Tuesday, July 19, 2011

Chronology - Daniel Birnbaum

" ‘It all starts with an ending, and then it ends again’, writes Daniel Birnbaum in his slim, expansive essay on the species of temporality extant in contemporary film and video art. If the sentence sounds Beckettian – and Samuel Beckett, after all, is one antecedent of much of what keeps us shuffling about in dimly lit black boxes and calling it art – it is to the extent that Birnbaum is interested in a certain inhuman unfolding of time, stripped of consoling metaphors. In the early works of Dan Graham, Bruce Nauman and Joan Jonas, and latterly in the art of Stan Douglas, Doug Aitken and Darren Almond, he discerns varying degrees of autonomy from traditional, subject-centred models of time. At the starkest extreme a work such as Aitken’s diamond sea (1997), which explores the post-human drosscape of a Namibian diamond mine, ‘can be read as a grandiose illustration of a return to the mechanical processes of the inorganic’.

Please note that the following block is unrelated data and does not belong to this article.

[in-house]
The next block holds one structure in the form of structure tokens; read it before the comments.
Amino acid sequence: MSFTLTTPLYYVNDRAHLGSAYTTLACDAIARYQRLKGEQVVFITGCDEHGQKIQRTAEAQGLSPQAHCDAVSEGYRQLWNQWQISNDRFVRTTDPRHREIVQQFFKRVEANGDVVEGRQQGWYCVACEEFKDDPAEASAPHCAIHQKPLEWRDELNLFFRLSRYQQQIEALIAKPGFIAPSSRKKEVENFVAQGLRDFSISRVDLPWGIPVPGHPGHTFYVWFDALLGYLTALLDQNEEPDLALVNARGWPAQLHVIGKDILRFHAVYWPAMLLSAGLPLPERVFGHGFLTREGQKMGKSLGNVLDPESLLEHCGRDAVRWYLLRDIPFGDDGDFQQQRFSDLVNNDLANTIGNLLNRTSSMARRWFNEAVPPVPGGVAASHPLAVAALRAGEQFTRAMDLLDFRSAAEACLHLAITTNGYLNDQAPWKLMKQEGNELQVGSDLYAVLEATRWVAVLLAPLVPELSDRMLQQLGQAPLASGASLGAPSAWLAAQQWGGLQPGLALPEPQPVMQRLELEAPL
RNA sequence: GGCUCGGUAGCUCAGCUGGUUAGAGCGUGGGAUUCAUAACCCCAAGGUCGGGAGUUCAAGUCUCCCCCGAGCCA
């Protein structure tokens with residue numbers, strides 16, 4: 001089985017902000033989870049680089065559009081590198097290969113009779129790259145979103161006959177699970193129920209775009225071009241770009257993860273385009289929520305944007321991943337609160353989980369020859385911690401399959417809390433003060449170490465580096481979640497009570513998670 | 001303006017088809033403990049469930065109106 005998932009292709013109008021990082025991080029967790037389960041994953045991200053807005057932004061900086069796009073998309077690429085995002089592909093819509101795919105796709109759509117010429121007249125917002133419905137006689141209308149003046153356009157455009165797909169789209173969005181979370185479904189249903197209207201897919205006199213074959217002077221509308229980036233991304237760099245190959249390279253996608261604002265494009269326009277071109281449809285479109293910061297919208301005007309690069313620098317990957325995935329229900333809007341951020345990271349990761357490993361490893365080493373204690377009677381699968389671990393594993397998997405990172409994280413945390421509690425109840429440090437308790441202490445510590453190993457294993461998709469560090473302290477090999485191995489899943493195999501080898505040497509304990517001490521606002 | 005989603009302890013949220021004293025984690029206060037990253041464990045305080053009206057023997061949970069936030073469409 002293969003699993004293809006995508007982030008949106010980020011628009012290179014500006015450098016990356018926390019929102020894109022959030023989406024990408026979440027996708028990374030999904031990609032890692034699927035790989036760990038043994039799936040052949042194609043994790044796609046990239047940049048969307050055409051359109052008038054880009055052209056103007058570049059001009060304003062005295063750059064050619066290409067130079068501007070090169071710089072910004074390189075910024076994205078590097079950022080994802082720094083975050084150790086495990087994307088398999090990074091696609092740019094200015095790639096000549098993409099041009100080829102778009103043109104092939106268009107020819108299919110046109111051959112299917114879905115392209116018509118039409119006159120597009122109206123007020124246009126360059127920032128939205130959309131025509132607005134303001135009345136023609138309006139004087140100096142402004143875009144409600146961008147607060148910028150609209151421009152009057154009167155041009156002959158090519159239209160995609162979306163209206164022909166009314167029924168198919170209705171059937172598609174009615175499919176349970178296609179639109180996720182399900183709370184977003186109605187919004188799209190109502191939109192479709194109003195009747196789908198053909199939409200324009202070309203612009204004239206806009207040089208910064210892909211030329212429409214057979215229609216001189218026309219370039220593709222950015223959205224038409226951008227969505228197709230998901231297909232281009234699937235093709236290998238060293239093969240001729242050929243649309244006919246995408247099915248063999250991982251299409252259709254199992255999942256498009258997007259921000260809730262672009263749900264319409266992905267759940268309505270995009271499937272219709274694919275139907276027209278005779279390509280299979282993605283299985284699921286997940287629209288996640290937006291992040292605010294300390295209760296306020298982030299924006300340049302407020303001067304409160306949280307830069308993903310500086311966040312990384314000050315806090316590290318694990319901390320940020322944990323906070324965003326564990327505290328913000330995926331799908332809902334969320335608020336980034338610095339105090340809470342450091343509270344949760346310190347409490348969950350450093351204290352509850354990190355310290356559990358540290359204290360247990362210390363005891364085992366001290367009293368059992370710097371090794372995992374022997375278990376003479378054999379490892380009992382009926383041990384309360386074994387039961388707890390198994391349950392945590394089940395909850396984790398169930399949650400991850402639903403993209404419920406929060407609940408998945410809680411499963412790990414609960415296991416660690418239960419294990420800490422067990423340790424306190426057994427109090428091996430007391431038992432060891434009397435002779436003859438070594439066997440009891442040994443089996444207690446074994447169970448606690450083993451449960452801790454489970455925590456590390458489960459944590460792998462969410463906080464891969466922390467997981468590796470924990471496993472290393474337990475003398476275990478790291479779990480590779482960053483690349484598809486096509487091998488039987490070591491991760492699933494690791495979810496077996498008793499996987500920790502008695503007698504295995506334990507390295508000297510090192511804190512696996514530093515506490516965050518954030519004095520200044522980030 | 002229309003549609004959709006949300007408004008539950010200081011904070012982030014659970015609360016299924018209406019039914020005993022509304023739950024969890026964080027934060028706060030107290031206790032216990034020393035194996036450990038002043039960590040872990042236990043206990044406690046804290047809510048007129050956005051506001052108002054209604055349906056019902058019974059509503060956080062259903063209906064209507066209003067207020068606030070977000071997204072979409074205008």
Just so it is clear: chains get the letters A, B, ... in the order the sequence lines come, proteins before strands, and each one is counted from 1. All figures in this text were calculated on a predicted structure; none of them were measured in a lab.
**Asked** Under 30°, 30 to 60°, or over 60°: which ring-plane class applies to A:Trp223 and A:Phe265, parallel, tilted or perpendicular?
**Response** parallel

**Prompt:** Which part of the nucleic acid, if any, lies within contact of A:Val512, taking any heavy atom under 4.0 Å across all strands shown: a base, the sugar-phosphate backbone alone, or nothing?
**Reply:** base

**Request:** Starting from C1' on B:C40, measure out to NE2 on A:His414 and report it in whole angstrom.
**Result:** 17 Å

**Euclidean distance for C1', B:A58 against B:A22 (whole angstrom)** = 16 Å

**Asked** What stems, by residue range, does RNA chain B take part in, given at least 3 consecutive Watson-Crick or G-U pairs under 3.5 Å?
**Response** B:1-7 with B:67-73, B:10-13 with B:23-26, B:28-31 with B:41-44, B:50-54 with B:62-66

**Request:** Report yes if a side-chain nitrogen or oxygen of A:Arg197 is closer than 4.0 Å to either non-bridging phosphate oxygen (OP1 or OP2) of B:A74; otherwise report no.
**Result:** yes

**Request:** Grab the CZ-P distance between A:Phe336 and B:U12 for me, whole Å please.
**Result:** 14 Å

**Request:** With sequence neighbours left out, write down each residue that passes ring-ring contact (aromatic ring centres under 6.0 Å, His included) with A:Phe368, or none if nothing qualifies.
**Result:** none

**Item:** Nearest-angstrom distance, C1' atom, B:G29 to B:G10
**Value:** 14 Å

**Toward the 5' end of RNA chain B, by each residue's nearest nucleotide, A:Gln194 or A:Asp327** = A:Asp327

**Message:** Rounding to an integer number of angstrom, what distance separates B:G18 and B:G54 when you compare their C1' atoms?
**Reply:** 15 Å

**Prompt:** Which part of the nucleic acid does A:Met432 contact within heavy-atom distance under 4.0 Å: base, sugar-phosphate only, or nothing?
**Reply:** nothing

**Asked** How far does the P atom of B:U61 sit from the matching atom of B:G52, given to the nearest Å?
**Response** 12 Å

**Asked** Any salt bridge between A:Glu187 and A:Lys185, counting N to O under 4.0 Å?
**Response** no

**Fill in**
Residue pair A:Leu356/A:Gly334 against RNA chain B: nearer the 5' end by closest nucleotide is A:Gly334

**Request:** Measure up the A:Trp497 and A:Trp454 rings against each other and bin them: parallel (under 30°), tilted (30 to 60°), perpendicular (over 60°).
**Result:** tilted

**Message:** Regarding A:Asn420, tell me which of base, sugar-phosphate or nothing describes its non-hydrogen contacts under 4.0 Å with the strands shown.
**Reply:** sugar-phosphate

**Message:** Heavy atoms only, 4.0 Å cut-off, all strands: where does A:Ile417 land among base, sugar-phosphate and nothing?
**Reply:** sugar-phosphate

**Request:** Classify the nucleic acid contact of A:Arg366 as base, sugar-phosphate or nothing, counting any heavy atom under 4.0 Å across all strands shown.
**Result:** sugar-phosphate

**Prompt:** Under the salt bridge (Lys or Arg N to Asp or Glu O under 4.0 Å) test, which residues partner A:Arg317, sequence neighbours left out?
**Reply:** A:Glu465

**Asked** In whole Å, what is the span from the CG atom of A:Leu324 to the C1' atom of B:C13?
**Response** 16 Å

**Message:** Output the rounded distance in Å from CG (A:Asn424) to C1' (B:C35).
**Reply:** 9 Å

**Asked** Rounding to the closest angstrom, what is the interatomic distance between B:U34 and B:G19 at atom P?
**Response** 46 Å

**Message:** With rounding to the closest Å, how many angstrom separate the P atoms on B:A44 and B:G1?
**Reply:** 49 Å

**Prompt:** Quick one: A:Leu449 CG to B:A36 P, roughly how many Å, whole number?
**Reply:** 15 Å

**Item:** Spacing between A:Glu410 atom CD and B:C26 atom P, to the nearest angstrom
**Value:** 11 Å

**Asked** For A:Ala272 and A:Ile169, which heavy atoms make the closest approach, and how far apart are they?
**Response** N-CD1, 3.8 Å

Birnbaum’s notion of an art of unpredictable becoming is a compelling and sophisticated take on the common theme of Deleuzian immanence. But it has its aporias too. A brief aside à propos Matthew Barney – to the effect that his art is all meaning, all of the time – is quite telling. What Birnbaum resists is hermeneutics: work in which the topography of time is mapped with traditional instruments: metaphor, allegory, symbol."

Brian Dillon - Frieze

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